Among the works that are being lent to the exhibition is the insightful portrait of one of Spain’s greatest poets, Luis de Góngora y Argote, painted during Velázquez’s first stay in Madrid in 1622, which belongs to the Museum of Fine Arts in Boston. In addition, Fort Worth’s Kimbell Art Museum will lend its own Velázquez masterpiece, the Portrait of Don Pedro de Barberana (c. 1631-33), painted soon after the artist’s first trip to Italy in 1631. From The Cleveland Museum of Art comes the enigmatic Portrait of the Jester Calabazas (c. 1631-32), the first in a series of court jester portraits Velázquez painted in the 1630s for the decoration of Philip IV’s pleasure palace in Madrid, the Palacio del Buen Retiro. This exhibition will offer an exceptional opportunity for the study of Velázquez’s portraits by presenting in one place oustanding examples from his early production. Together, these works provide an opportunity to more clearly appreciate the artist’s technique, remarkable innovation, and other distinctive facets of his style that explain his success at the court of Philip IV, one of the most discerning art patrons in the history of Early Modern art.
Considering that Velázquez’s total artistic production amounts to just over 100 works, the majority of which are in the Prado, it is remarkable that the Meadows Museum has among its holdings three important paintings by the Spanish master from different phases in his career: the aforementioned Portrait of King Philip IV, Female Figure (Sibyl with Tabula Rasa) (c. 1648), and the Portrait of Queen Mariana c. 1656). Algur H. Meadows’s vision to establish “a small Prado in Texas” has never been as close to reality as it will be when this exhibition opens and a significant selection of works by the artist most closely associated with the Prado are exhibited within the galleries of the Museum he founded. This impression is highlighted by having as the central work in the show the official portrait of the king whose art collection is the pillar upon which the Museo Nacional del Prado was established.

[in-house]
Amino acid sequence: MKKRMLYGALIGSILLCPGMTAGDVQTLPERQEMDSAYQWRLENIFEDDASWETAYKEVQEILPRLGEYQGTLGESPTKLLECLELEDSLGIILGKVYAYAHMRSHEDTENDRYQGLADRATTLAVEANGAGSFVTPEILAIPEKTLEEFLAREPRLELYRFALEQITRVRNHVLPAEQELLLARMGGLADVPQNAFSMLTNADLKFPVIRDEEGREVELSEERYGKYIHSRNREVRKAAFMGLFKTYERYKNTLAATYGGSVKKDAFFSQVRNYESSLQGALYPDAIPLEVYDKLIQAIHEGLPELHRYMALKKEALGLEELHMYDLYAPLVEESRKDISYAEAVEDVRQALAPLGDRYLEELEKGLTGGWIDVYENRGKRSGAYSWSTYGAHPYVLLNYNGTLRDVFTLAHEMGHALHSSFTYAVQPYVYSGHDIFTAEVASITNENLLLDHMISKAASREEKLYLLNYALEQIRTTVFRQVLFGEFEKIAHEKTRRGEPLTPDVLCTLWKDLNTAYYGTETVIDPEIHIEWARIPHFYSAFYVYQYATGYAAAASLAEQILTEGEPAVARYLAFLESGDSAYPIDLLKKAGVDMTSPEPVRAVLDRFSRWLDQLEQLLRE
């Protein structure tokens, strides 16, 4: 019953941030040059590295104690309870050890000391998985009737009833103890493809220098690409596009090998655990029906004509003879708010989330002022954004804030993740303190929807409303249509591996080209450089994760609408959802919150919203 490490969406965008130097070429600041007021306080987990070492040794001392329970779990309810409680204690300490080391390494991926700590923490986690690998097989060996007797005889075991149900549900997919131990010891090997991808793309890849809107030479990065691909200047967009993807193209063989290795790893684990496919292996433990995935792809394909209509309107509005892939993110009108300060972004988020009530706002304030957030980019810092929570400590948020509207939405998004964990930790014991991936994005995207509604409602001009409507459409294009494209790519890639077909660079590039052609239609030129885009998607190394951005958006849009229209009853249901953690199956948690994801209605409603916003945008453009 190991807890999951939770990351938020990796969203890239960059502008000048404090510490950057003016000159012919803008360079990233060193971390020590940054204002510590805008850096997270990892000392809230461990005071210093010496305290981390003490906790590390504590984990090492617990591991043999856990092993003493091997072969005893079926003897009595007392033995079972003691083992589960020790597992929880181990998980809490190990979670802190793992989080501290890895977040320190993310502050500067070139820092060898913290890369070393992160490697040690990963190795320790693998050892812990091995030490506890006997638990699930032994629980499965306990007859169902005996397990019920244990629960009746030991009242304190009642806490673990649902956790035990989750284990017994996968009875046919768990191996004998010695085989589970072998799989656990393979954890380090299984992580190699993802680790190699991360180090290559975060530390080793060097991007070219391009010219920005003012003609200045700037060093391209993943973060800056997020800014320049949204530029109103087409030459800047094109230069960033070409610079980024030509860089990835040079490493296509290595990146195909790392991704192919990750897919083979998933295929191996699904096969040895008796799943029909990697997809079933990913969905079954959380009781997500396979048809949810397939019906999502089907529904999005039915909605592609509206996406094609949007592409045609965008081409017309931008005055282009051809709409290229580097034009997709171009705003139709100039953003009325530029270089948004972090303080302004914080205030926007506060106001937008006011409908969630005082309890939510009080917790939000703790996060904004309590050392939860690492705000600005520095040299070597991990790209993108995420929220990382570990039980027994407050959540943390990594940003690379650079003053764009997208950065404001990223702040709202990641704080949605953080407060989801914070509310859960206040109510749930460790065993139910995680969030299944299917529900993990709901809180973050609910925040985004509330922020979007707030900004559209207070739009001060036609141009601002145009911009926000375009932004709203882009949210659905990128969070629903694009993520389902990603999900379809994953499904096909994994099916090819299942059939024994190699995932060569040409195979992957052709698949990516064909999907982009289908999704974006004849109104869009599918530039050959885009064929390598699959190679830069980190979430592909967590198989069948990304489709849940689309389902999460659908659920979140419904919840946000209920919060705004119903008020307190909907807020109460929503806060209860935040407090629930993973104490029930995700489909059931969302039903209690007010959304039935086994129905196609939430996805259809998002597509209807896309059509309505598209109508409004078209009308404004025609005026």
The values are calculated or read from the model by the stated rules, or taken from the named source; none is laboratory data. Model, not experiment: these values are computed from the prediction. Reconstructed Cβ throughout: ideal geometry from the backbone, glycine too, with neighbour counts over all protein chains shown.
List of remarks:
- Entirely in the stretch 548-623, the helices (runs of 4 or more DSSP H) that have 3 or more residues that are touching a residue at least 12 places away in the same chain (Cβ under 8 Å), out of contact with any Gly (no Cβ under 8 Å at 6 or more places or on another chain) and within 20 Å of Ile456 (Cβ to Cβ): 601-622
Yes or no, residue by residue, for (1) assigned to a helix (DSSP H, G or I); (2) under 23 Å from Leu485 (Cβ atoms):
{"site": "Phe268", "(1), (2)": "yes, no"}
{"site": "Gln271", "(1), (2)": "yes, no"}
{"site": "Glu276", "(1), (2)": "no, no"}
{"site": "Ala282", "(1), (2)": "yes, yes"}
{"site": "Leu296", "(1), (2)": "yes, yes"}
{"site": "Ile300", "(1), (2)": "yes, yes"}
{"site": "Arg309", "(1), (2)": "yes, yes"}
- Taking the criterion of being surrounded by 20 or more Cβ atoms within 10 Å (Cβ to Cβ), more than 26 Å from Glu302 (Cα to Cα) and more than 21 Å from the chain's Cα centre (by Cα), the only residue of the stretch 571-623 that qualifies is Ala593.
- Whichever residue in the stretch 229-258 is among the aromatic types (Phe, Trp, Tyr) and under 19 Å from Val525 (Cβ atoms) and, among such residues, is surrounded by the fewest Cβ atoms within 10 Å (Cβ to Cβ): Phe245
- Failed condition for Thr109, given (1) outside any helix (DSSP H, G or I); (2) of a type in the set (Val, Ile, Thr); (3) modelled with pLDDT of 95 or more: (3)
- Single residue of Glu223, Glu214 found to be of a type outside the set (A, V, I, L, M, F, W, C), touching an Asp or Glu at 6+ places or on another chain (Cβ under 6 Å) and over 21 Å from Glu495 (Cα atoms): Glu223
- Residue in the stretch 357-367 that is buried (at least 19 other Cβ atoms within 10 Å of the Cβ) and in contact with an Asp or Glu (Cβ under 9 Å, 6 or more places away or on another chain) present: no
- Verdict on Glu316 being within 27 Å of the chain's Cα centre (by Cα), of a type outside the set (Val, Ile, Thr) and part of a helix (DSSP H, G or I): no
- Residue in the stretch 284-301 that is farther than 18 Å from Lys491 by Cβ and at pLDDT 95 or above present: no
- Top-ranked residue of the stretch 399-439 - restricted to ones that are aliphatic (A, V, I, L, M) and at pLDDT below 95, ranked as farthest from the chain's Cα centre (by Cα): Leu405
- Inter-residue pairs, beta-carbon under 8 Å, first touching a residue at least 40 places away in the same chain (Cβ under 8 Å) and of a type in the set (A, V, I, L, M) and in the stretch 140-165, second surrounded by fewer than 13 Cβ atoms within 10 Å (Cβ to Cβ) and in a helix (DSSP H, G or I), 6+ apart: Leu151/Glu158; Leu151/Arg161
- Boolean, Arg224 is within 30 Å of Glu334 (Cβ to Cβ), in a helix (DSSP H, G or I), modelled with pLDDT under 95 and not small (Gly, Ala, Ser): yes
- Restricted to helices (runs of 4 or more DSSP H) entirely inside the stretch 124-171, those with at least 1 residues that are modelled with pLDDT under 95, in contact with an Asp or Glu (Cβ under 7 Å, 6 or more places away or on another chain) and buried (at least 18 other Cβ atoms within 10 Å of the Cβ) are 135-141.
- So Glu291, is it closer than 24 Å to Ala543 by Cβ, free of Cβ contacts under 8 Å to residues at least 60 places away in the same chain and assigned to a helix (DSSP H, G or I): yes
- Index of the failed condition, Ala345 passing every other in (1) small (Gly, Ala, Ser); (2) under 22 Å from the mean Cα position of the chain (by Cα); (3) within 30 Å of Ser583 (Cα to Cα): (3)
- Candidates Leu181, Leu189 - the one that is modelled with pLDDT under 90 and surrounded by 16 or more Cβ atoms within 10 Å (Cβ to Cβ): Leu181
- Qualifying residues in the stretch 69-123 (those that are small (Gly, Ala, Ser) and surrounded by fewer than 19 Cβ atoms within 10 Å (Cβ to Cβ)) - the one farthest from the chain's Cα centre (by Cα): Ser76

The Prado at the Meadows collaboration is under the scientific direction of Dr. Mark Roglán, Director of the Meadows Museum, and Dr. Gabriele Finaldi, Associate Director for Collections and Research at the Prado Museum. As in the first two successful installments of this partnership, the exhibition will be accompanied by a bilingual publication produced by the Meadows Museum that will present new research related to the work’s historical context, condition and conservation, provenance, attribution, literary connections, and its place within the artist’s production. In addition, the Museum will organize a symposium with both national and international scholars, along with other educational programming.
This exhibition and project have been organized by the Meadows Museum and the Museo Nacional del Prado, and are funded by a generous gift from The Meadows Foundation. This exhibition is supported by an indemnity from the Federal Council on the Arts and the Humanities.